As independent variables, we explicitly considered 4 aspects of the natal brood: hatching date (day of year), brood size (number of eggs hatched), age at fledging (days since hatching), and nestling body mass at day 11. A few nestlings were banded and weighed at day 9–10 or day 12–13; we estimated day 11 body mass for these individuals from the linear regression equation relating nestling body mass to nestling age.
Three group composition variables were used as independent variables in our analyses: natal group size (breeding pair plus any nonbreeding helpers) resident during the nesting season, and the ages of the breeding female and male. Because preliminary analyses revealed no significant effect of helper sex on any of our measures of survival or future reproductive success, helper sex was not considered in the analyses presented here.
Two characteristics of the natal territory were included as independent variables. The total area of scrub habitat included all oak-dominated habitats on sandy, well-drained soil, but excluded other habitats (e.g., seasonal ponds and wiregrass-palmetto flats) on less well-drained soils. Because Florida Scrub-Jays forage primarily in these well-drained, sandy, scrub habitats, and because the total area of scrub is strongly correlated with overall territory size (r = 0.71), the area of scrub served as a composite index of both territory size and quality. Because 8 ha approximated the observed median (7.6 ha) and mean (8.2 ha) area of oak scrub habitat in the dataset, for some analyses we compared individuals from small, low-quality natal territories (<8 ha of scrub) to those from large, high-quality territories (>8 ha of scrub). The proportion of the natal territory consisting of sand roads and open sand fire lanes also was included as an independent variable because of the importance of these areas for foraging (Davison and Fitzpatrick 2010, Morgan et al. 2010).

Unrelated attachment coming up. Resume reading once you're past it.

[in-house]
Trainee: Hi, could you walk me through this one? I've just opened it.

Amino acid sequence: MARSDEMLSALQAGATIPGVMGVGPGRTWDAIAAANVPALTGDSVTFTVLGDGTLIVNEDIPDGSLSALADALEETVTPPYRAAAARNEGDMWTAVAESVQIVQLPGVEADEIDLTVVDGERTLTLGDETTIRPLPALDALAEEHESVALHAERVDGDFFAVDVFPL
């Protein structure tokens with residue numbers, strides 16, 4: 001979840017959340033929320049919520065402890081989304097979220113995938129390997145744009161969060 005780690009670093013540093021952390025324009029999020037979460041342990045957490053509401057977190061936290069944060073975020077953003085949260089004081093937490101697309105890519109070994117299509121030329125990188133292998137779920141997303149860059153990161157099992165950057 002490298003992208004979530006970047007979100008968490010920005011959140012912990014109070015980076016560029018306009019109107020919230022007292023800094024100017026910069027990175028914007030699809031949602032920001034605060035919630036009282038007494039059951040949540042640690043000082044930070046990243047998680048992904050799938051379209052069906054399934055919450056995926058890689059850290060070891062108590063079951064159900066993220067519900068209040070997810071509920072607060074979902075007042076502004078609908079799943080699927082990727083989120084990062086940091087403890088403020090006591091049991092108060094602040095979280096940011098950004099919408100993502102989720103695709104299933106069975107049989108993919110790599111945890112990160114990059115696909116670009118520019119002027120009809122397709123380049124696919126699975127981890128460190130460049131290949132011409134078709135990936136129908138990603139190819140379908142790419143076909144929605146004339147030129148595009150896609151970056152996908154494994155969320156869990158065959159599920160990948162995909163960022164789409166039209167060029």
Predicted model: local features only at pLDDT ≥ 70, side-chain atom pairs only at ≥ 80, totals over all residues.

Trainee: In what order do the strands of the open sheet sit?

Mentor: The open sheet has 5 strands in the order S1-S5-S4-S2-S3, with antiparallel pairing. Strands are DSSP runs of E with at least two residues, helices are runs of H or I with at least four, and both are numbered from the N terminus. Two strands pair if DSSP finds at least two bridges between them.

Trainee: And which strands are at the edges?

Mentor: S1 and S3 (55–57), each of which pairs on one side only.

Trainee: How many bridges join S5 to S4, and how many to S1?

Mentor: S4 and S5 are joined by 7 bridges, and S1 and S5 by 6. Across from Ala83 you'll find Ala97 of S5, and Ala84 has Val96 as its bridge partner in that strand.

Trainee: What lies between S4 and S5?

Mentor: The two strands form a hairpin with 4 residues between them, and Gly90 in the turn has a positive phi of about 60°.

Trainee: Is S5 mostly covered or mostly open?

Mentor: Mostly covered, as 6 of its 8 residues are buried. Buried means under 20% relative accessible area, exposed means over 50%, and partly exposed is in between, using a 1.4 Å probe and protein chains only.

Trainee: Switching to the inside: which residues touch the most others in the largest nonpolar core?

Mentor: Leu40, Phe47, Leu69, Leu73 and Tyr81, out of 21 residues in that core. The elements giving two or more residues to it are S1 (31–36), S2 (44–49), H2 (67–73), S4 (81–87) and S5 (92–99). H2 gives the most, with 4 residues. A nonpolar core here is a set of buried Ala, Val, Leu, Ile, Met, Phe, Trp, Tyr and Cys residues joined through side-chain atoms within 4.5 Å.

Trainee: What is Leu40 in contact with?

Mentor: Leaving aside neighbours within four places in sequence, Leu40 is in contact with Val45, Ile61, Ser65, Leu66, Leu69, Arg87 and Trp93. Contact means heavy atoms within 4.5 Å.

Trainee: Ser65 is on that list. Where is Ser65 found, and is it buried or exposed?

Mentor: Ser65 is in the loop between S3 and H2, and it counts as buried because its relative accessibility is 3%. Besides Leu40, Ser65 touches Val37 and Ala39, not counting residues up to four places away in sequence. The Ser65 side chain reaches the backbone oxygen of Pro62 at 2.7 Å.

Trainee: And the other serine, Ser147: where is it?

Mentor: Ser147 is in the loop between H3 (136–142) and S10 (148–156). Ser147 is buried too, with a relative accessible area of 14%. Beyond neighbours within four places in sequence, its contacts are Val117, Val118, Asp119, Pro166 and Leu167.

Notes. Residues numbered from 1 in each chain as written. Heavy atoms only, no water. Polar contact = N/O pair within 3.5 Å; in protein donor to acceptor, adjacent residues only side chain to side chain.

For our analyses of survival from day 90 to day 300, the probability of becoming a breeder, age at first nesting, and lifetime reproductive success, we included 2 additional variables, sex and juvenile body mass, as independent predictor variables. Because the regression of juvenile body mass on juvenile age was not statistically significant, we did not standardize juvenile mass to a particular age.
We used general and generalized linear mixed models (GLMMs) to analyze the effects of the independent variables on each dependent variable (Zuur et al. 2009). Nest year and identity of the natal nest were included as random effects. All analyses were conducted using JMP version 10.0 (SAS Institute 2012) and R version 3.02 (R Development Core Team 2013) with package ‘lme4′ version 15 (Bates et al. 2013). Our general modeling approach was to include the same set of 9 (or 11) independent predictor variables (described above) in all statistical models, thereby testing the importance of each predictor variable while simultaneously controlling for the effects of other potentially confounding variables. The predictor variables were only weakly intercorrelated (mean ± SD absolute value of correlation coefficients: r = 0.08 ± 0.06), with the strongest correlation (r = −0.23) occurring between brood size and nestling body mass. For each model we also tested the effects of additional interaction or polynomial terms, but included these higher-order effects in the final models only when they were significant (P < 0.05). We scrutinized the residuals of all models and checked for potentially spurious findings by comparing model results with simpler exploratory analyses. Data presented in figures represent actual observed values, not model estimates.